Seeking Questions/Ideas/Feedback

December 29, 2010 at 5:26 pm (Uncategorized)

I’m thinking about all the things I want to blawg about in 2011. Next year will pose some new challenges for me and open a new chapter in my life.  I will be completing my undergraduate degree, saying goodbye to the firm, relocating to a new city, and entering law school. Of course I will bring you along this journey and include tips and insight along the way but I also want to know what you want to hear in 2011! Is there something I haven’t covered yet that your dying to know more of? Want me to reveal the schools I have been admitted to? Want to hear more about a particular topic? Let me know!


Permalink Leave a Comment

Part-Time Law Programs

December 27, 2010 at 5:39 pm (Applying to Law School, Choosing a law school, full/part time)

The PreLaw Winter 2011 edition is out and one article I thought would interest some of my readers is on part-time law programs. More specifically, the difficulty in juggling part or full time employment while pursuing a J.D. part-time.  The article can be read here.

According to USN&WR, there are 84 law schools which offer part-time law programs.  This number is down 3 from 2009.  Some part time programs are exclusively evening classes and others are integrated in to the daytime courses with no evening classes scheduled.  A 2009 article, “The Attractions of Part-Time Law School” notes some of the challenges and pitfalls of juggling work and school.  Not surprisingly, many of the schools offering part time programs are within 40 miles of the U.S. Capitol; five of the six top-ranked schools to be exact.  This is because many working professionals are seeking a law degree as a way to enhance their resume in their current fields or have already gotten their feet wet in the legal profession. Other part timers are seeking a law degree as a complete career change but want to maintain their steady employment to help cover the cost of law school and maintain current living expenses. In the current state of the economy, it makes sense to be leery of leaving secure employment and taking on student debt.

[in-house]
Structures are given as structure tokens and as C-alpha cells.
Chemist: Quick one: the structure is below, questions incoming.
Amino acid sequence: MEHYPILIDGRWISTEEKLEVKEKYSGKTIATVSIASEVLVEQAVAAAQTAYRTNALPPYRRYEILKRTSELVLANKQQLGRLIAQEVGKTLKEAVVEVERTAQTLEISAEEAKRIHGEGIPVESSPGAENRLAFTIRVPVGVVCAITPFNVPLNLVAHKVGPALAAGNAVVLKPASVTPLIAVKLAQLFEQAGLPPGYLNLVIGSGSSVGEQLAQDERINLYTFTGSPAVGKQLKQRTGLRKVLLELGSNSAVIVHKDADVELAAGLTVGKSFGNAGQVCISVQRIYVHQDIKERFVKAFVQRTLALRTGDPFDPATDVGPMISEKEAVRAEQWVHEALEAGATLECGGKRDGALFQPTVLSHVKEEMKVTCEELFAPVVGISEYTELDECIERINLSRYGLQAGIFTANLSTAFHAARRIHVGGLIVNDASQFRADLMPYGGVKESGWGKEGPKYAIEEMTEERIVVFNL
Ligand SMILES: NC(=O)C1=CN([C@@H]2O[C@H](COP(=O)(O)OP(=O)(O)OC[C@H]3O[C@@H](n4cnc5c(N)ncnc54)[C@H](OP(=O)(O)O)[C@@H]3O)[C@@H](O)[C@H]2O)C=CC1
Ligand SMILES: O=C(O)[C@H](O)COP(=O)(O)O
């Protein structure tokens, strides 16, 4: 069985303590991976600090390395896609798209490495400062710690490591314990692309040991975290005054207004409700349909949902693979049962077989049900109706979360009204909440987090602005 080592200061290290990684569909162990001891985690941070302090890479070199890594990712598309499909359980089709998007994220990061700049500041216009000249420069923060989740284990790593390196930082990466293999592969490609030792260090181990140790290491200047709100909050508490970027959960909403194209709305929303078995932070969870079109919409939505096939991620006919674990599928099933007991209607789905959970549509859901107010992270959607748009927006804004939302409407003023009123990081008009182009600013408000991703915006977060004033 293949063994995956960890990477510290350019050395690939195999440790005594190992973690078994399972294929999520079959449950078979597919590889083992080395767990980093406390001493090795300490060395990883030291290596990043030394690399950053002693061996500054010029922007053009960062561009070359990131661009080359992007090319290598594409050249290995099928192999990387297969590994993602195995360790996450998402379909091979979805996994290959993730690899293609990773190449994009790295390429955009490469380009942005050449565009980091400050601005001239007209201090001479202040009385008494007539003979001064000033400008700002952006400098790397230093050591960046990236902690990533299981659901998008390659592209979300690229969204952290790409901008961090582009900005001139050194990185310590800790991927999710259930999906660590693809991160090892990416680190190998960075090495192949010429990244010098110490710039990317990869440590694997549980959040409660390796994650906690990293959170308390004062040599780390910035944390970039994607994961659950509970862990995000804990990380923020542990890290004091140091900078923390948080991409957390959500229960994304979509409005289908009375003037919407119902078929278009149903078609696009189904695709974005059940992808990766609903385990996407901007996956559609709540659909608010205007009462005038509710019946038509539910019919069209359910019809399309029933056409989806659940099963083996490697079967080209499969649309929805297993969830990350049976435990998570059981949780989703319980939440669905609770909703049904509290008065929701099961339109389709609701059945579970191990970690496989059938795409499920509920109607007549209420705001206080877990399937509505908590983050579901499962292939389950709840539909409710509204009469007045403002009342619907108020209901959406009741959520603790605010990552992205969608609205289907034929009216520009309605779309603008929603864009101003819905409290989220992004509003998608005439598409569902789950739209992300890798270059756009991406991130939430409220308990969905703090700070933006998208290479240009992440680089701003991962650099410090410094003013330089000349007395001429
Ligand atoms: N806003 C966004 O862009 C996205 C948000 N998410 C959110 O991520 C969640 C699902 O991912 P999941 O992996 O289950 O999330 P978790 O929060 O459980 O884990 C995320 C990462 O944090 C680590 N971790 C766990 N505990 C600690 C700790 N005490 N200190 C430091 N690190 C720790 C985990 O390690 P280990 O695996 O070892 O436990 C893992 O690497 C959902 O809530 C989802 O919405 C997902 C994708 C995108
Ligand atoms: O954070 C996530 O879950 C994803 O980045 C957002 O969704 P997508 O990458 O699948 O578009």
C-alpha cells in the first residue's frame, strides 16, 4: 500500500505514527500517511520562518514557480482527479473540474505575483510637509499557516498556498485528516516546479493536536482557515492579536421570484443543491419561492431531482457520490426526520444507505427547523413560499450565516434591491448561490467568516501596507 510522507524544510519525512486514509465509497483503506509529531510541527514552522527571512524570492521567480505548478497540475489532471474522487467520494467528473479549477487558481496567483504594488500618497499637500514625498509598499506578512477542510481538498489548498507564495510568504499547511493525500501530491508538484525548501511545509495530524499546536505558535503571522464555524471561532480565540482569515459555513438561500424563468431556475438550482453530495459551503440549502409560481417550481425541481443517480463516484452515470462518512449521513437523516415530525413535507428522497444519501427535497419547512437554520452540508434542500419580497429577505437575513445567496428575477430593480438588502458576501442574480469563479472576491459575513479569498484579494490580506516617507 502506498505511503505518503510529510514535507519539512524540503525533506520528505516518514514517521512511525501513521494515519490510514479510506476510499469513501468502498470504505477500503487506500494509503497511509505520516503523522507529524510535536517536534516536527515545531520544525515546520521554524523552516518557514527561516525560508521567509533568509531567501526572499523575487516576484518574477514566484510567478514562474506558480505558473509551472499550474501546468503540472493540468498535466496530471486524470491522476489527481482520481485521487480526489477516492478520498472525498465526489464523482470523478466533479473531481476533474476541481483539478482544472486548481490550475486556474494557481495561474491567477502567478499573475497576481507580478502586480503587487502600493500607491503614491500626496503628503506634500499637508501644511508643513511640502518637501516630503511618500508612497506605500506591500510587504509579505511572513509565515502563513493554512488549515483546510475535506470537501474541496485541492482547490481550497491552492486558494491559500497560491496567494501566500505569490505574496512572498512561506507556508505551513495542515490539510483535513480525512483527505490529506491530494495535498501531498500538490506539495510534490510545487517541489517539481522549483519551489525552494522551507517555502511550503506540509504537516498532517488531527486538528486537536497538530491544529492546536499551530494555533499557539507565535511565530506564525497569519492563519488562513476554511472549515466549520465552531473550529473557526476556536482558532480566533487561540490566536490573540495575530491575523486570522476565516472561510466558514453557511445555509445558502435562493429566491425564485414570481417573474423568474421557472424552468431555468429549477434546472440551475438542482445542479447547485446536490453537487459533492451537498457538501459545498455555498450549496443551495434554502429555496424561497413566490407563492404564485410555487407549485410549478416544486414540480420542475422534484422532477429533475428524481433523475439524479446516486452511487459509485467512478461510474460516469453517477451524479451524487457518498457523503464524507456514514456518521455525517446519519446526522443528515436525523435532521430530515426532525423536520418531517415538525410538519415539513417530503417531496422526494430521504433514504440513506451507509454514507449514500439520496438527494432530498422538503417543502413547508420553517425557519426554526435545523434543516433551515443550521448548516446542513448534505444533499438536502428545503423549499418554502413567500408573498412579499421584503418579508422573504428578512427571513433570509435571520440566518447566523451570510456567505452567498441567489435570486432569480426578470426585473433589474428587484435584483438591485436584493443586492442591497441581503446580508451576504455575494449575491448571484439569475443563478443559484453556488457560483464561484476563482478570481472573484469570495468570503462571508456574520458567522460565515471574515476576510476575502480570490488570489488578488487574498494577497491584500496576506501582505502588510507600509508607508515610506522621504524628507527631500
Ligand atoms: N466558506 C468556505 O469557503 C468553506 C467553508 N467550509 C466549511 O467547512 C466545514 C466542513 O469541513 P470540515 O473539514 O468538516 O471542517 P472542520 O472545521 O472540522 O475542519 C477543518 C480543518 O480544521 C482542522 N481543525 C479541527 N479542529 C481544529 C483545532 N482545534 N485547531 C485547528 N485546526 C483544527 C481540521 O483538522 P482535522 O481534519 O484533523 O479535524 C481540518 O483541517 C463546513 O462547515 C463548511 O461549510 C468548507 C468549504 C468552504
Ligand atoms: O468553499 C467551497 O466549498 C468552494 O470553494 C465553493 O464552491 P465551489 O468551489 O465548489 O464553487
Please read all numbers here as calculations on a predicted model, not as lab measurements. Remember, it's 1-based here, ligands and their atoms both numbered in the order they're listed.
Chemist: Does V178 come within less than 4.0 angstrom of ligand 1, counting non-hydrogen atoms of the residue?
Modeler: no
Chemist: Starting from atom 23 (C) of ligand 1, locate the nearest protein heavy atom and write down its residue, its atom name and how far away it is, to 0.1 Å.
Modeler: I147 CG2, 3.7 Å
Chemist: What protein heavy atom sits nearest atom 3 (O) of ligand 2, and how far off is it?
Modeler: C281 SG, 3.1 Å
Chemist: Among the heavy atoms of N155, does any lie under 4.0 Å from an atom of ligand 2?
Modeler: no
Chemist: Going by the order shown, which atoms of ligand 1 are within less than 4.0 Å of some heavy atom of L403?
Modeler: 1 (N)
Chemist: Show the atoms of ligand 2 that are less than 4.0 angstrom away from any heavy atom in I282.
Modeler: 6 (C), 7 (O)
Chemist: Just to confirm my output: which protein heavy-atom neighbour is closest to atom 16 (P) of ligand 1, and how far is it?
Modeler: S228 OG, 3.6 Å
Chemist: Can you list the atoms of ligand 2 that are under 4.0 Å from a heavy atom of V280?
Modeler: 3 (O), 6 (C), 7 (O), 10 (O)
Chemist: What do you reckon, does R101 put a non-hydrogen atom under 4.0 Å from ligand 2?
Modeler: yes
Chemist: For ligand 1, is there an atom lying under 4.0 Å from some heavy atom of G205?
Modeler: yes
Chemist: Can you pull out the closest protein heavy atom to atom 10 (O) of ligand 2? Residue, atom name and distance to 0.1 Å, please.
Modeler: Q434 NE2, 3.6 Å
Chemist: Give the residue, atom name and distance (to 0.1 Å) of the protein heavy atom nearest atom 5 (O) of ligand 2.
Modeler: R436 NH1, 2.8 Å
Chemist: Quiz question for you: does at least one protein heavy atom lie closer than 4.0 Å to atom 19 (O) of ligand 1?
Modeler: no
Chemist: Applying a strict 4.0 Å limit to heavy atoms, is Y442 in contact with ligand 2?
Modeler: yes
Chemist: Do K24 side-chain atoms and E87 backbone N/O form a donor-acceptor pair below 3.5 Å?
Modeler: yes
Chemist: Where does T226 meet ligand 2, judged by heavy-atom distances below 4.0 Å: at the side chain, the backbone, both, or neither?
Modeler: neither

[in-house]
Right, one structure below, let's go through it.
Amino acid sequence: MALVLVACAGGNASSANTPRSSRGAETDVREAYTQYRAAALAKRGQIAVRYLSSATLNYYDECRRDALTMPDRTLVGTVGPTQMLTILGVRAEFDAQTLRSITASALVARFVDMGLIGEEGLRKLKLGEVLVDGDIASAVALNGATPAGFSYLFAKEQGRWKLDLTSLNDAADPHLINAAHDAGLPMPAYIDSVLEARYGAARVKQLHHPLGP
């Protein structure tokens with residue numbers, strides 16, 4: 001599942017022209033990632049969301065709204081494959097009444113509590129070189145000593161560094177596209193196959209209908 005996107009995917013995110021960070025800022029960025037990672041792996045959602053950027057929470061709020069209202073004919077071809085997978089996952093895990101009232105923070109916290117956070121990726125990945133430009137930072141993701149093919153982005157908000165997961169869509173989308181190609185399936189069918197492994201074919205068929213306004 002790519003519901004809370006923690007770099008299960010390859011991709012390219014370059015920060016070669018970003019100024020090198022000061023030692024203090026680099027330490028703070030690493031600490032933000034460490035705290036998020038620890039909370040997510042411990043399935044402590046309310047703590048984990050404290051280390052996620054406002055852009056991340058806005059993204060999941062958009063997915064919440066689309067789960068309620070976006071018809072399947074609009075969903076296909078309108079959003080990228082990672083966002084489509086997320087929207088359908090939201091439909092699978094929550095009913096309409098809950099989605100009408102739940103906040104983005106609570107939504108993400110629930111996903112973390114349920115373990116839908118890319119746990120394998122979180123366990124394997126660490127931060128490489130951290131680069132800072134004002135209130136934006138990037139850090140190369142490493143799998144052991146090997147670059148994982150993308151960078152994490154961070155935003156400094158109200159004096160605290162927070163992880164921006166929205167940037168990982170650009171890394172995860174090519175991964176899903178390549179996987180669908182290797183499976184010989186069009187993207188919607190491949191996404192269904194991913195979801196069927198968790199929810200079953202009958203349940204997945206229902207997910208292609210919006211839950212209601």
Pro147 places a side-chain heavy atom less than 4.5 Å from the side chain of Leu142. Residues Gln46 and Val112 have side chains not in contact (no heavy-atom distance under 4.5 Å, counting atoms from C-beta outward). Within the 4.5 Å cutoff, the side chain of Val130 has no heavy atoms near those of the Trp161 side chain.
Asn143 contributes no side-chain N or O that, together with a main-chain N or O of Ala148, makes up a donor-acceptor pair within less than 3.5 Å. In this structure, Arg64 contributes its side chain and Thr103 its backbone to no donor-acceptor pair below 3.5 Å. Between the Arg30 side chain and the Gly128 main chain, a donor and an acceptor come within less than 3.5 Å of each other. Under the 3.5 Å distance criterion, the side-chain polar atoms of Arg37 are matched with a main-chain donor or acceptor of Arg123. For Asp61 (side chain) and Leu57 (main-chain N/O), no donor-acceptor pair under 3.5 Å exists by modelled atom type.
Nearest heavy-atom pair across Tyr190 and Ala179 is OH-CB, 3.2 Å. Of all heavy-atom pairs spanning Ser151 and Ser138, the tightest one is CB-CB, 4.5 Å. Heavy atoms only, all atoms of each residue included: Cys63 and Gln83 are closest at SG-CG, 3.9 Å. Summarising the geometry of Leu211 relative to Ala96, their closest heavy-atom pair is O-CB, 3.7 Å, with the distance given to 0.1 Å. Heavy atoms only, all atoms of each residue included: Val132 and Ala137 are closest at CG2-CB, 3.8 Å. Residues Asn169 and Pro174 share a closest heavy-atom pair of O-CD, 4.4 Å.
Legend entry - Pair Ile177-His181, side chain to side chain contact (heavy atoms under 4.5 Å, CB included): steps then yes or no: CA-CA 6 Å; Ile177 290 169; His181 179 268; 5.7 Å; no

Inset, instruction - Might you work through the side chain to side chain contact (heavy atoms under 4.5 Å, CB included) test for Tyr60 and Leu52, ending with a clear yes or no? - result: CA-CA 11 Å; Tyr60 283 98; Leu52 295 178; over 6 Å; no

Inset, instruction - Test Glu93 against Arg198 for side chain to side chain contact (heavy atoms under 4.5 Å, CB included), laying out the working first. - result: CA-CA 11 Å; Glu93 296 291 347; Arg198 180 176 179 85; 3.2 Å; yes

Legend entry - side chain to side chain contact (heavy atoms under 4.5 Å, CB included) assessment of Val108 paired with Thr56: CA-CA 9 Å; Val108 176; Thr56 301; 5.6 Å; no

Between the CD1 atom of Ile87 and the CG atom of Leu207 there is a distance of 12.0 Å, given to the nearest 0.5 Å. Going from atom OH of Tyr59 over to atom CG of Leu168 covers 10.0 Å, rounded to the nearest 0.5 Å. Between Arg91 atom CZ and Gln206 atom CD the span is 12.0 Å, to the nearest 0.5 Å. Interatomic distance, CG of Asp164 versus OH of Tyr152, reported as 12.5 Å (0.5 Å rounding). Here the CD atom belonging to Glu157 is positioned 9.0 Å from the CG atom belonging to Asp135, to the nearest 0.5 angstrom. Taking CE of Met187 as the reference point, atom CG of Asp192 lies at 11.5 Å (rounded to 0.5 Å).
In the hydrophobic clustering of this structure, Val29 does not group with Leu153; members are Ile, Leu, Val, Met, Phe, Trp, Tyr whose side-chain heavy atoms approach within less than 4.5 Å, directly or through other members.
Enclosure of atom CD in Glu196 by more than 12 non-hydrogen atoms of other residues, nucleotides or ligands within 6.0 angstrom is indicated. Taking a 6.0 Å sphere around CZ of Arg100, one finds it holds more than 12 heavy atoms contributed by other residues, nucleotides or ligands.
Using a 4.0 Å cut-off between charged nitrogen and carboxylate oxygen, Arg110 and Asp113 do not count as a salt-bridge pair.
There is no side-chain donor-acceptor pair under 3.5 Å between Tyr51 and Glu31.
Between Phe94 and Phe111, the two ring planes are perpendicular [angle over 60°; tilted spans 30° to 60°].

The trouble with balancing work and school, aside from time constraints, decreased time with family and friends, and of course added stress is that opportunities to participate in clinics, journals, or moot court may pose a challenge to students who are restricted in time and do not have the flexibile schedules to attend and participate in extracurricular activities. Not only does this hinder the overall law school experience but this can mean fewer networking opportunities and a skinnier resume than full time classmates.

U.S. News & World Report now ranks part time law programs. The rankings can be viewed here.  Before U.S. News & World Report began including part-time admissions into overall law school rankings, part-time admissions tended to be less stringent than any given’s full time program. In other words, a 155 may have been the median for a part-time program at a particular school but a 165 was required for admission to the same school’s full time program. Now with the new incorporation of part time into full time rankings consideration, this seems to no longer be the case.  For more on this, see the part-time law school ranking methodology.